Welcome to my first post for the Author Toolbox Blog Hop! Today I am going to be presenting some of my all-time favourite tips for generating writing prompts: using tarot cards. I’ve already shown you how to use them to create three-act plot structures and expanding upon that into Freytag’s Pyramid but there’s so much more you can do with them. Using tarot to beat writer’s block and just rediscover the fun of writing as play is easy and endlessly rewarding. So let’s get started!

First thing’s first: you don’t have to use the standard tarot card deck. What we’re aiming for is something called aleatory writing: writing which uses a randomizer of some sort. This could be dice or cards. There are a range of storytelling dice games such as Rory’s Story Cubes, and card games designed with storytelling or writing in mind. Story Forge, and the Storymatic are the most writing-focused of the bunch.

Story Forge cards in action.

But tarot is unique. It is a system which contains all of the core elements of character-driven narrative. The 78 cards allude to every facet of human nature and experience that you really need to try hard not to form them into a story, which is probably how they came to be used for divination in the first place!

So how do you get started with using tarot in your writing practice? We all love a good book on the writer’s craft and, thankfully, Corrine Kenner has written Tarot for Writers, the perfect primer for anyone new to this fascinating engine of prompt creation.

But what if you already know a fair bit about tarot? Kelly-Ann Maddox has a great video on what she calls “the Bardic Technique” or “Storytelling Technique” for using tarot:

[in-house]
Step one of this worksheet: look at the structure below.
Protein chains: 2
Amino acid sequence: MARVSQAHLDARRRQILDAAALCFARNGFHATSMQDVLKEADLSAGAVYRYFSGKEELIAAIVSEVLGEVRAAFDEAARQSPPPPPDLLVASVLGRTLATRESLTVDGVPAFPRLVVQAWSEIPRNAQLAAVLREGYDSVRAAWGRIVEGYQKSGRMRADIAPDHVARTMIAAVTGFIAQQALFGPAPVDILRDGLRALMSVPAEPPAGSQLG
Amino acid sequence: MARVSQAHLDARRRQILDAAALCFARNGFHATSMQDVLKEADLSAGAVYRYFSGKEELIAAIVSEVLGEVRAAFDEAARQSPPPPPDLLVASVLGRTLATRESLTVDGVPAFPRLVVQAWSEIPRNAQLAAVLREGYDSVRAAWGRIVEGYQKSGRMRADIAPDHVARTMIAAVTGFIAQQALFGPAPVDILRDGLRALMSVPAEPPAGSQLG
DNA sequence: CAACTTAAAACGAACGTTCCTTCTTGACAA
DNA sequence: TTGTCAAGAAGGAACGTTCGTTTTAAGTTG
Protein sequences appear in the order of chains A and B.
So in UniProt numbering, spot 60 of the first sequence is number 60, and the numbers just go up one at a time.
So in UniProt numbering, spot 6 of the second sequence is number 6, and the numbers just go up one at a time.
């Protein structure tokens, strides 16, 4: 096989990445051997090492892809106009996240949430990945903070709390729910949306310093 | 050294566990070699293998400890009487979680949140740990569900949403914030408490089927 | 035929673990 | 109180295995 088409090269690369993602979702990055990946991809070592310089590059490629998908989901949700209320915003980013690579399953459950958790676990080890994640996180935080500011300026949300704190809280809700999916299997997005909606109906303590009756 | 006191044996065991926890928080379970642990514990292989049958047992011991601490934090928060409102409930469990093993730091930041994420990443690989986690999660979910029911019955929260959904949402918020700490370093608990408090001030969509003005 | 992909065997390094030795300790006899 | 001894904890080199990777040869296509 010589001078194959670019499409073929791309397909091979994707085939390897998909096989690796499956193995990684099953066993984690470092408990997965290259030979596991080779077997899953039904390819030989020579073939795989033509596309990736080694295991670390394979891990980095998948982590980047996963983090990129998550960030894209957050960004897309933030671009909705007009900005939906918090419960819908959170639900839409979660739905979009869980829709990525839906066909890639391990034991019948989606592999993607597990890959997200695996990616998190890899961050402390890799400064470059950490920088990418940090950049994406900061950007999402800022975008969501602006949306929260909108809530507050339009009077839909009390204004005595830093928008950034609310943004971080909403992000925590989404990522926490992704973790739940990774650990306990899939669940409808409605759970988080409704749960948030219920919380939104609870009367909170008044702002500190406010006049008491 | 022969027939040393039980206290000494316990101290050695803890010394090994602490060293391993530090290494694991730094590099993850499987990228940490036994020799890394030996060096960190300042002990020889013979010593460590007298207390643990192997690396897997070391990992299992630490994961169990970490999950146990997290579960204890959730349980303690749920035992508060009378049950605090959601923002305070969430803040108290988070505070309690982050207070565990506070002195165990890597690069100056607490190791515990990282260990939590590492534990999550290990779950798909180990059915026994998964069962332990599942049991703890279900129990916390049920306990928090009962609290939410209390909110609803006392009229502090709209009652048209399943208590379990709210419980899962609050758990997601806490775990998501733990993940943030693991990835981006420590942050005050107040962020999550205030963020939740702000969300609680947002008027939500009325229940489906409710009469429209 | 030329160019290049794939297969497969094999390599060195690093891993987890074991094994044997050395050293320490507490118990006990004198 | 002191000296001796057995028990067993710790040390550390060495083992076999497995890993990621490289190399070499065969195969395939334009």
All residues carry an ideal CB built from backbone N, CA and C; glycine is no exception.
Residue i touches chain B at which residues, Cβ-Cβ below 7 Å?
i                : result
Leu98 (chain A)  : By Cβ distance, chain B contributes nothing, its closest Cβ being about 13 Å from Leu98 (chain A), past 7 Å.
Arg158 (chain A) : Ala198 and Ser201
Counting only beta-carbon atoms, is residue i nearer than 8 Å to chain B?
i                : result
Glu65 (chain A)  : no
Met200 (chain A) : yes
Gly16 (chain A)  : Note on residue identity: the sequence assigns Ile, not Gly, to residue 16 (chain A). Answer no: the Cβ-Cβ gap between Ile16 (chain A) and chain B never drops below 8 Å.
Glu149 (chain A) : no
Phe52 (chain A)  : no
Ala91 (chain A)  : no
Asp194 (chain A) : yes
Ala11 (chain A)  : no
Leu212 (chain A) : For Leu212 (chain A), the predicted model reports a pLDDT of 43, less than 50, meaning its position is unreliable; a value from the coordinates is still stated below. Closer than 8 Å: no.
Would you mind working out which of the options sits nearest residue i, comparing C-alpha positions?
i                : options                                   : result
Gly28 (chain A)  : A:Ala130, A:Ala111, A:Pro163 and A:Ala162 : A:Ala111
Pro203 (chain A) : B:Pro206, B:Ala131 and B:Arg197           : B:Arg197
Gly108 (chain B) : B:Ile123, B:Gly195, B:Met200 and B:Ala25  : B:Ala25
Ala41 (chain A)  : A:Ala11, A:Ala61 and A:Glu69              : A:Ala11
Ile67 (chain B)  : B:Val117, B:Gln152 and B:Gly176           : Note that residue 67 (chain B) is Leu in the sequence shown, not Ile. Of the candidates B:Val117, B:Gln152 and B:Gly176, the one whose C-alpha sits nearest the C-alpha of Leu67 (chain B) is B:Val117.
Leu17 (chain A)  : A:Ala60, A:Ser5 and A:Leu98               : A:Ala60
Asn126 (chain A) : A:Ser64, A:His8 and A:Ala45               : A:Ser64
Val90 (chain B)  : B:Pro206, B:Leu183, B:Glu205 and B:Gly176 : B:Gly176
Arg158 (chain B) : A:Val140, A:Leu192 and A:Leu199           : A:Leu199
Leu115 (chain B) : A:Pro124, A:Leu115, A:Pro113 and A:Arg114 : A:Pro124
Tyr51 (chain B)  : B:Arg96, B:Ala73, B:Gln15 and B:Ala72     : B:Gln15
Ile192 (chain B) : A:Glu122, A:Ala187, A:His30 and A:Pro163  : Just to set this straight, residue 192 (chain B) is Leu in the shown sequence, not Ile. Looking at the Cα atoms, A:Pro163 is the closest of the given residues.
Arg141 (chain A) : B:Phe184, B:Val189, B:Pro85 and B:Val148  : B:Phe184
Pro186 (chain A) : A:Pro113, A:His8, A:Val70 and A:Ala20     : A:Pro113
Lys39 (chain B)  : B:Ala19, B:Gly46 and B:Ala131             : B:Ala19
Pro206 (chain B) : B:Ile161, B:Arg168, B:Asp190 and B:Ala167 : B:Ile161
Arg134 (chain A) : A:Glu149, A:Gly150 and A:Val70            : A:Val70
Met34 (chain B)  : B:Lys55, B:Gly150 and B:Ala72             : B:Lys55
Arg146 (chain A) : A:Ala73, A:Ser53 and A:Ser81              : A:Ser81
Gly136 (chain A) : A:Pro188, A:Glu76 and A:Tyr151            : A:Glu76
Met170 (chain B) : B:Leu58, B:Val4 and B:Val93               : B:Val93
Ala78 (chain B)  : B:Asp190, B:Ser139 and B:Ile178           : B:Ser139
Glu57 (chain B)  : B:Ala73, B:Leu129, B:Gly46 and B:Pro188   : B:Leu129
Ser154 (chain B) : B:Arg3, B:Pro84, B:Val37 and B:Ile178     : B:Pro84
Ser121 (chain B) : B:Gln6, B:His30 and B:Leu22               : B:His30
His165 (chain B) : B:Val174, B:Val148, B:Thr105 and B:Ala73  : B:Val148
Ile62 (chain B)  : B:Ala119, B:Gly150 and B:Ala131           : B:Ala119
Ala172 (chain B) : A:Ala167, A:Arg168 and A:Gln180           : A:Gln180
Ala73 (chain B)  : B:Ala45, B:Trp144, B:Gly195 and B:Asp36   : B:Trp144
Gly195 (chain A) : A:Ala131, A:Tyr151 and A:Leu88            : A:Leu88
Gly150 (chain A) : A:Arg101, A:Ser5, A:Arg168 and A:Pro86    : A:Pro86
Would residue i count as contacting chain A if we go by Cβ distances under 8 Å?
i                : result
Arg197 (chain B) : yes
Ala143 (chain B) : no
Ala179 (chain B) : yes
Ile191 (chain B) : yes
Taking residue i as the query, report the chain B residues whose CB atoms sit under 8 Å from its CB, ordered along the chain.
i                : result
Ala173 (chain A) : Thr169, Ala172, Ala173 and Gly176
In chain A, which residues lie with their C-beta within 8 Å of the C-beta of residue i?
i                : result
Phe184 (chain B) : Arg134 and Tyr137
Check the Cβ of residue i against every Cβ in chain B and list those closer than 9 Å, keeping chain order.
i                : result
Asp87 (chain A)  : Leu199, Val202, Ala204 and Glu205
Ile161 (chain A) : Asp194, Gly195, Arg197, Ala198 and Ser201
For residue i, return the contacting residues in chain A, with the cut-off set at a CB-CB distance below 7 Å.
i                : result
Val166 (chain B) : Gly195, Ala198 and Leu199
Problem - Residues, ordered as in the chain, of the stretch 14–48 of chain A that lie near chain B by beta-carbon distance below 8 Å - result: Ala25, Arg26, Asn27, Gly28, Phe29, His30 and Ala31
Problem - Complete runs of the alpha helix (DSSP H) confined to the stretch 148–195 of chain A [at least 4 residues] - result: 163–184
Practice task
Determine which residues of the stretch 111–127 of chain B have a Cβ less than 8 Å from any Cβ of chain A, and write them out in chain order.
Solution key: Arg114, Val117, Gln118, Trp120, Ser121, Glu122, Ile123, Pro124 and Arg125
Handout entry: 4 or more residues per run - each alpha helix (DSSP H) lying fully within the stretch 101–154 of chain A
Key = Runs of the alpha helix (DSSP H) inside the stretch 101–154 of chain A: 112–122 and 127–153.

Will you be using tarot as part of your writing practice? Let me know your thoughts in the comments below!

21 thoughts on “Writing with Tarot Masterpost for #AuthorToolboxBlogHop

    1. Thanks for stopping by! 🙂

      Any deck will do but the ‘standard deck will have, by far, the most resources available and be the most beginner-friendly. Try some Tarot apps too. The Fool’s Dog makes great apps for the most popular decks. Those are great for getting prompts on the go.

      Liked by 1 person

    1. Firstly, thanks for stopping by!

      My personal favourite is the Centennial Edition Smith-Waite Tarot Deck. It is the most attractive of the “Rider-Waite” decks, and there will be just oodles of resources available on card meanings. I also prefer mini decks and this one comes in the standard size and mini. It’s more portable, and easier to lay out larger spreads.

      Liked by 1 person

      1. Sorry if I went a little too deep; the deck I mentioned is the one people think of when they think of Tarot- it’s the standard one but there are thousands of creative variants!

        Well, I do meditate with the cards as prompts for my day but I don’t believe it is possible to tell the future. It is a fun, relaxing, and interesting hobby, though! I just started using a deck called the Sacred Creators Oracle which has such lovely affirmations and delicate watercolours on each card. It really helps set the mood for the day.

        Like

      2. Not at all! I clearly found it interesting.
        Personally it would not surprise me if one day something “magic” were proven to have a scientific basis. Just like some cases of “demonic possession” turned out to be what we know as “epilepsy.”
        Thanks for a fun read!

        Like

  1. I really love doing tarot readings, and reading through this post, I wondered if maybe I could use my oracle decks for this sort of thing too! I have some of the story cubes but every time I seriously consider using them, they feel too simple for me. (They’re great for D&D campaigns though haha!)

    Perhaps using a mixture of tarot/oracle with the story cubes may be fun? Hmm, next time I’m not on a writing deadline, I want to try this out! Thank you for sharing and welcome to the blog hop!

    Like

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